The board of the California Institute for Regenerative Medicine (CIRM) has reelected its founding chair Robert Klein for a second term. Yesterday, Klein reiterated to the board his previous statement (pdf) that he would serve only for a maximum of 6 months, until a suitable replacement can be found. "At 180 days, I will need to resign at that time even if that process is not complete," Klein said just before the vote, which was unanimous except for one abstention.
Klein spearheaded the drive to pass the 2004 ballot measure that authorized $3 billion in sales of state bonds to fund stem cell research in California. He had said previously he would step down when his term expires on 17 December. But earlier this month, Klein's pick to succeed him, Canadian scientist Alan Bernstein, withdrew because of concerns that state law forbids a non-U.S. citizen from holding the job. (It's not clear whether that's actually true.) Klein then said he would stay on temporarily, if elected, but would not receive compensation for the position, which can pay up to $529,000.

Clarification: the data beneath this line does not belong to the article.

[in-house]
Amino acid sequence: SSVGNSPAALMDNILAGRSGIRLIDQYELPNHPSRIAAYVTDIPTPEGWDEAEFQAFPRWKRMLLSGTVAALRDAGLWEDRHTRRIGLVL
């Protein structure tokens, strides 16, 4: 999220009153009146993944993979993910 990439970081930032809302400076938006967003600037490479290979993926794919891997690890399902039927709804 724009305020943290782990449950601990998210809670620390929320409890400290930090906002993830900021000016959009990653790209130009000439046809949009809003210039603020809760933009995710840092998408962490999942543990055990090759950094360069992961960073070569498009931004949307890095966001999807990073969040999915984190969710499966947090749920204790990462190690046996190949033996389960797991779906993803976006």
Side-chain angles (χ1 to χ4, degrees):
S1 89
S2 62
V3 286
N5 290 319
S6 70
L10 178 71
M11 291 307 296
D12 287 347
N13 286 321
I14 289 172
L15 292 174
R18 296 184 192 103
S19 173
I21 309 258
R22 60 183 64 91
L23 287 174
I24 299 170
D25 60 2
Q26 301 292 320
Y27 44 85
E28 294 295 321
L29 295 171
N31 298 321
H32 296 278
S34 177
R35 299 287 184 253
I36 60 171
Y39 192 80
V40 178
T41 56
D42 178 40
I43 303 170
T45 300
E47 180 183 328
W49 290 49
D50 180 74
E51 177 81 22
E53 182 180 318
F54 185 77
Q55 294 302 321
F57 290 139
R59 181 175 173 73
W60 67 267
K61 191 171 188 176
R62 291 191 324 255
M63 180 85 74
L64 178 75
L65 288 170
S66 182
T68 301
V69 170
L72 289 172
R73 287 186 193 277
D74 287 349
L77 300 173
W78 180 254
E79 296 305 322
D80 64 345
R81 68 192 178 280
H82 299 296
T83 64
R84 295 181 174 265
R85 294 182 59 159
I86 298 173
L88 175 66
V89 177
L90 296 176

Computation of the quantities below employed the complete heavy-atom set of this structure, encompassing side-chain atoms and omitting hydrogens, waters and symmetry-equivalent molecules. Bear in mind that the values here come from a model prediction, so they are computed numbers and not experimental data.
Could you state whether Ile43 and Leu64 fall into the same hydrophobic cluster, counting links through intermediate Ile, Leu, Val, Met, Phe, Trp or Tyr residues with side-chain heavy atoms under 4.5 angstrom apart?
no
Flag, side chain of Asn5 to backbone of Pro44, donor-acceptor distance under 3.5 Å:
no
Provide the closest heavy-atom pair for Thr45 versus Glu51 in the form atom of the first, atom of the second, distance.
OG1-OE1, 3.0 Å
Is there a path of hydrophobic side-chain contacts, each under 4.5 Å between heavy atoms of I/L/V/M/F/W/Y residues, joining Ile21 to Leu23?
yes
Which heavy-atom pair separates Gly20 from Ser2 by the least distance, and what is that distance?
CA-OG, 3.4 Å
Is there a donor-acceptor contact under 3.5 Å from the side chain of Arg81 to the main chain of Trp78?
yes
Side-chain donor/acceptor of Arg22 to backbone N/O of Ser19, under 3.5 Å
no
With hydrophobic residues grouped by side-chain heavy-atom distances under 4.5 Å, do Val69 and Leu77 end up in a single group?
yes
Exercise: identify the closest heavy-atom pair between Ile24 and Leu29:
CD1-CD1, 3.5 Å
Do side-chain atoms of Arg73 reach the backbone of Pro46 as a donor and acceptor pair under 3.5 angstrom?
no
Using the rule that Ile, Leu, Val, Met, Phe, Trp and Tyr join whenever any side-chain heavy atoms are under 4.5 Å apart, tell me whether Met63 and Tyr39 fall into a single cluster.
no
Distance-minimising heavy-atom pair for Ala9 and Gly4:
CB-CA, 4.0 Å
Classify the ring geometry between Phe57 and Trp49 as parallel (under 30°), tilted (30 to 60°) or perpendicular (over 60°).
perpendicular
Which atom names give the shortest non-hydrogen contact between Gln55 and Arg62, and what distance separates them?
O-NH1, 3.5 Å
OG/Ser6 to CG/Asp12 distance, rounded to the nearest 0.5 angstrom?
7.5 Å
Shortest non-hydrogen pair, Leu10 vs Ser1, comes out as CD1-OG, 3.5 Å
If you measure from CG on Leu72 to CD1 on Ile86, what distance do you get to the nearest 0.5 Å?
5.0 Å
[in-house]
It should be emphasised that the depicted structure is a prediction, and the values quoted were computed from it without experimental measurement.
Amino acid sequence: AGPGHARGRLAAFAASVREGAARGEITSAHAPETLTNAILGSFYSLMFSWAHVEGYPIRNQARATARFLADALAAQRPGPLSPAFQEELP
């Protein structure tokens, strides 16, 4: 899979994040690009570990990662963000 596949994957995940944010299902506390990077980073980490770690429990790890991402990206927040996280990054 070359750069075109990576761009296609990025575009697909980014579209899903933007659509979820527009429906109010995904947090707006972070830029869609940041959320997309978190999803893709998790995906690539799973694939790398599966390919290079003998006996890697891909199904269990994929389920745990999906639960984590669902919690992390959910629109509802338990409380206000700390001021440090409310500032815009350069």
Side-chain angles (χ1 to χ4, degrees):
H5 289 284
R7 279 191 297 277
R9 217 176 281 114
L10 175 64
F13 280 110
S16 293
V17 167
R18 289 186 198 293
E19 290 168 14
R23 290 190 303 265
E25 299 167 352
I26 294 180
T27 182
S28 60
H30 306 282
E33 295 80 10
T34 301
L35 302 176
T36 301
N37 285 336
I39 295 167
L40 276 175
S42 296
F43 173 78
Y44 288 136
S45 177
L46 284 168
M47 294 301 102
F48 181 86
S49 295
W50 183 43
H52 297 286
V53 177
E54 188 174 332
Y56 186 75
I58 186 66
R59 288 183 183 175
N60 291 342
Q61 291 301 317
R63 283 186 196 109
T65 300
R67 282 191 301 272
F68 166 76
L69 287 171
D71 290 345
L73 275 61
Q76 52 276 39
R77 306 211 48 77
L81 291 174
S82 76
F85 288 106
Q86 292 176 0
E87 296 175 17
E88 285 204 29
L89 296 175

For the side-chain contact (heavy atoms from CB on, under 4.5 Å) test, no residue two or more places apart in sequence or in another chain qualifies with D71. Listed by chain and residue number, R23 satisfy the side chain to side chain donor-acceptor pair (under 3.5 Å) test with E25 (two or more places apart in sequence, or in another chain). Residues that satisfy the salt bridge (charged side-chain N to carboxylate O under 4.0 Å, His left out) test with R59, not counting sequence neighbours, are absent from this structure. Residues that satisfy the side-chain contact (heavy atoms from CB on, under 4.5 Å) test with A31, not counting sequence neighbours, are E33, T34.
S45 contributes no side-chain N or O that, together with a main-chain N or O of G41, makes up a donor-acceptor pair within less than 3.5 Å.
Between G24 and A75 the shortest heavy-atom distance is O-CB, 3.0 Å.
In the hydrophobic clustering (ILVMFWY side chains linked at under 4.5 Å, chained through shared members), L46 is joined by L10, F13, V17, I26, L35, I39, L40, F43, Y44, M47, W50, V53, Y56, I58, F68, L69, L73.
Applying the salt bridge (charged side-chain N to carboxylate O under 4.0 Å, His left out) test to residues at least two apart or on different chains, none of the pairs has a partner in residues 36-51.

The lone abstention was CIRM board member and HIV/AIDS activist Jeff Sheehy, himself a candidate for vice-chair. Before the vote, he voiced approval for the views of state controller John Chiang, who earlier this week wrote a letter calling the chair selection process "fundamentally flawed" and urging the board to postpone the election and start over. Sheehy also asked that no one vote for him for vice-chair. No one did.
Instead, the current vice-chairs, Art Torres, former state senator, and Duane Roth, CEO of Alliance Pharmaceutical Corp., were reelected.